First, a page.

The crown prince behind the wave of arrests in Saudi Arabia this weekend – which included dozens of the country’s most powerful princes – has a key ally in President Trump‘s son-in-law and senior adviser, Jared Kushner.
The Washington Post’s David Ignatius wrote that it was Crown Prince Mohammed bin Salman who Kushner visited with on his secret trip to Saudi Arabia last month, as the president’s son-in-law made his third trek to the country since Trump’s swearing-in.
‘The two princes are said to have stayed up until nearly 4 a.m. several nights, swapping stories and planning strategy,’ Ignatius wrote, dubbing Kushner, a scion to a New York real estate family, a ‘prince’ as well.
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President Trump’s son-in-law Jared Kushner (left) reportedly met with Saudi Arabian Crown Prince Mohammed bin Salman (right) on his secret trip to the country last month and the two stayed up until 4 a.m. ‘swapping stories’
Saudi Crown Prince Mohammed bin Salman (second from left) was behind the wave of arrests this weekend in the country, which swept up a number of Saudi princes. While MBS wants to root out corruption, many interpreted the move as a power play
Beyond the two men both being in their 30s, crown prince Mohammed bin Salman, or MBS for short, has bonded with Kushner and been embraced by the Trump inner circle for being both a ‘wealthy tycoon’ and a ‘populist insurgent,’ Ignatius noted.
Those descriptions also work for the Trump political brand, as the president was able to fashion himself in last year’s presidential election as a billionaire for the people.
On Saturday, MBS, who is Saudi Arabia’s heir to the throne, oversaw a wave of arrests that took down 11 princes, military officers, influential businessmen and government ministers.
Some potential rivals or critics of the crown prince say the move was so he can consolidate his power.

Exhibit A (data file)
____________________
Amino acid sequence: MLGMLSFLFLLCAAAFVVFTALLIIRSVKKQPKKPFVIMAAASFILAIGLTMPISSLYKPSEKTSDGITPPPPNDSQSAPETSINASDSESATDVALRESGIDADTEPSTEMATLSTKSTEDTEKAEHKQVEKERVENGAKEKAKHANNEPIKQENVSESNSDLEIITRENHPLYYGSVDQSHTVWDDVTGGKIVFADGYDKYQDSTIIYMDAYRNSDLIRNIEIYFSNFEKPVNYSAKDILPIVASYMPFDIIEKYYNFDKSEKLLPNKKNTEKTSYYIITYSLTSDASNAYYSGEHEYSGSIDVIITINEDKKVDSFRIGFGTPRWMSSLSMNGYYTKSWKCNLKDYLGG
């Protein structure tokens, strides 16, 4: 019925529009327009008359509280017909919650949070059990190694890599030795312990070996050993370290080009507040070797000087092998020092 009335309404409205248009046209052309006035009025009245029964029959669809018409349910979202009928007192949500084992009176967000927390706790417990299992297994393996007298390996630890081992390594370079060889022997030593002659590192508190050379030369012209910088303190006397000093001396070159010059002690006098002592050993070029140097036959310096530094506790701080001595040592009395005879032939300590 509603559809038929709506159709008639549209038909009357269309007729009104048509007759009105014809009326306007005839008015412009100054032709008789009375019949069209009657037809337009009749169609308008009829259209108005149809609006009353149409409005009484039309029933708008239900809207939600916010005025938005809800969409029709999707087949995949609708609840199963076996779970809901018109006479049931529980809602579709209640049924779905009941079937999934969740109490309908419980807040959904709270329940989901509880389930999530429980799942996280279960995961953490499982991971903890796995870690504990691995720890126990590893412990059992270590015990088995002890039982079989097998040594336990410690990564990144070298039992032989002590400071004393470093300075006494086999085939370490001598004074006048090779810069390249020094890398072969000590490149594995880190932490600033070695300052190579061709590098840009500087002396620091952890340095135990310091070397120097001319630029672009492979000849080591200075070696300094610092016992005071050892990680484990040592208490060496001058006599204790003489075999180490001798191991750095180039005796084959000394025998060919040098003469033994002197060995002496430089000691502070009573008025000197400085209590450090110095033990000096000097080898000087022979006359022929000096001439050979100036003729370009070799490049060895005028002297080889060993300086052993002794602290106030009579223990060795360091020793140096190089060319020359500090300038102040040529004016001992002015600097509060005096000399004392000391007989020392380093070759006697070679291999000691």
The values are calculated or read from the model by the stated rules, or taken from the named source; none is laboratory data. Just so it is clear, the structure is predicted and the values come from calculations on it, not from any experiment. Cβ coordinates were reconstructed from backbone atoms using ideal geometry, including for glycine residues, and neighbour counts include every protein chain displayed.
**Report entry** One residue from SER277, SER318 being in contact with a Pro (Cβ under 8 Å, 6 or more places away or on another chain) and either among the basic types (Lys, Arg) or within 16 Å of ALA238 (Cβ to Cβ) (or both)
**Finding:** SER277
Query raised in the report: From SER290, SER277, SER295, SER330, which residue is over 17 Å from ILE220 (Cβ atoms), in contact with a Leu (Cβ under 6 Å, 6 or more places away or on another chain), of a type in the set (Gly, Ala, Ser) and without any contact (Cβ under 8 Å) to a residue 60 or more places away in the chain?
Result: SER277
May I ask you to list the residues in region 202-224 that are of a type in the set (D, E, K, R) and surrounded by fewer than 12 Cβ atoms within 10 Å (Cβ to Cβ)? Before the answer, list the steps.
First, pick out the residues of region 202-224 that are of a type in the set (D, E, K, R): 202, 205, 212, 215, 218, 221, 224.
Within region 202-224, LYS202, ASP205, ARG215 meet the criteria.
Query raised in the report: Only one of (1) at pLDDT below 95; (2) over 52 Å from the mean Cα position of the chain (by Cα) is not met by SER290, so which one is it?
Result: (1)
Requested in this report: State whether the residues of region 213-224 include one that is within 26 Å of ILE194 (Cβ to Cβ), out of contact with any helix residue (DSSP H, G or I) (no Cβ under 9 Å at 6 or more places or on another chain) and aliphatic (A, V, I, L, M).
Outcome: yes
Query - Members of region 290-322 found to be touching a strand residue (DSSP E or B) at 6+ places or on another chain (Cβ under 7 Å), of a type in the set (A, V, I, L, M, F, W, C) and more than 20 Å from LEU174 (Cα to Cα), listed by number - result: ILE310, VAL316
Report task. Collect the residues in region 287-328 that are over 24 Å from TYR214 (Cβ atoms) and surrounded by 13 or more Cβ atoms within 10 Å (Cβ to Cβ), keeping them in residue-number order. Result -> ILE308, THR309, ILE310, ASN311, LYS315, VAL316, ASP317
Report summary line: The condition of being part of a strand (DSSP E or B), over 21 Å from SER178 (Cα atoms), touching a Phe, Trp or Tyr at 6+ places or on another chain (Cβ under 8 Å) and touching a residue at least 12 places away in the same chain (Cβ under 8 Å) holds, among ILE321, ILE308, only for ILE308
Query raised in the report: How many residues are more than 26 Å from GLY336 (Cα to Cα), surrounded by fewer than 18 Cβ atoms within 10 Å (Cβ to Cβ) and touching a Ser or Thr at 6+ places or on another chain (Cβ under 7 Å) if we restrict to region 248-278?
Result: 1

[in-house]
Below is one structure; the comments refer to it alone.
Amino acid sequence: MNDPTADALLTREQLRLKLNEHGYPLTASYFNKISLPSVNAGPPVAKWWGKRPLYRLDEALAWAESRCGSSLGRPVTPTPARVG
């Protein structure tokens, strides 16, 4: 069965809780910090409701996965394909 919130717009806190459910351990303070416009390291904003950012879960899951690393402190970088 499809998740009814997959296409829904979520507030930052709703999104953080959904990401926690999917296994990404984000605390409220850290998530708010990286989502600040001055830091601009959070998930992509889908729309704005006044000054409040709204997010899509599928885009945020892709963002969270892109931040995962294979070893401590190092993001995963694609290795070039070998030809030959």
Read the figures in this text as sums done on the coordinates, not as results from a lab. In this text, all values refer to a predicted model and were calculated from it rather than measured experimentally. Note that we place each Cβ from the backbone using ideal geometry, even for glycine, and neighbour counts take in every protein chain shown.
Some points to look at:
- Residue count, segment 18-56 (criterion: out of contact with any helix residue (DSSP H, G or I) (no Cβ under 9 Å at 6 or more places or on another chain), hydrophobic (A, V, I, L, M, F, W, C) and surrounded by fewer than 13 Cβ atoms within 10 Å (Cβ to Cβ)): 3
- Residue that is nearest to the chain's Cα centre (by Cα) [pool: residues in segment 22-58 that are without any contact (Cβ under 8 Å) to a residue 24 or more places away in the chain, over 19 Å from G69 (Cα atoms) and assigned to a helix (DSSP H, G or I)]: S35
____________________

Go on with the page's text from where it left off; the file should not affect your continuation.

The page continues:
Among those taken into custody in the purported anti-corruption sweep were billionaire Prince Alwaleed bin Talal, one of the world’s richest men with extensive holdings in Western companies, as well as two of the late King Abdullah’s sons.
The arrest of senior princes upends a longstanding tradition among the ruling Al Saud family to keep their disagreements private in an effort to show strength and unity in the face of Saudi Arabia’s many tribes and factions.
It also sends a message that the 32-year-old prince has the full backing of his father, King Salman, to carry out sweeping anti-corruption reforms targeting senior royals and their business associates, who have long been seen as operating above the law.
Those being detained are being kept at the Ritz-Carlton in Riyadh, the country’s capital.
The surprise arrests were immediately hailed by pro-government media outlets as the clearest sign yet that Prince Mohammed is keeping his promise to reform the country, wean its economy from its dependence on oil and liberalize some aspects of the ultraconservative society.
The kingdom’s top council of clerics issued a public statement overnight saying it is an Islamic duty to fight corruption – essentially giving religious backing to the high-level arrests.
It’s unclear if the U.S. had any advance word of the arrests.
The White House said Sunday that President Trump had spoken with King Salman the day before on a number of issues.
On the call, Trump commended King Salman and the crown prince’s statements regarding ‘the need to build a moderate, peaceful, and tolerant region are essential to ensuring a hopeful future for the Saudi people, to curtailing terrorist funding, and to defeating radical ideology – once and for all – so the world can be safe from its evil.’
The White House readout of the call did not include any reference to the impending arrests, which came Saturday night.
The Trump administration was also tight-lipped about the trip Kushner took to the country last month.
Politico reported that Kushner returned to D.C. on October 28 after flying commercial to Saudi Arabia, taking the trip separately from Treasury Secretary Steven Mnuchin who had led a delegation to Riyadh the same week to discuss cutting off terrorists funding.
The White House wouldn’t say who Kushner met with, instead releasing a non-descript statement confirming Kushner was joined by deputy national security adviser Dina Powell and Middle East envoy Jason Greenblatt.
‘The Senior Advisor to the President, the Deputy National Security Advisor for Strategy, and the Special Representative for International Negotiations recently returned from Saudi Arabia,’ a White House official said in a statement to Politico.
And, in making sure Kushner doesn’t look like he’s favoring the Saudis, as he tries to work toward Middle East peace the official added: ‘The Senior Advisor has also been in frequent contact with officials from Israel, the Palestinian Authority, Egypt, United Arab Emirates, Jordan and Saudi Arabia.’
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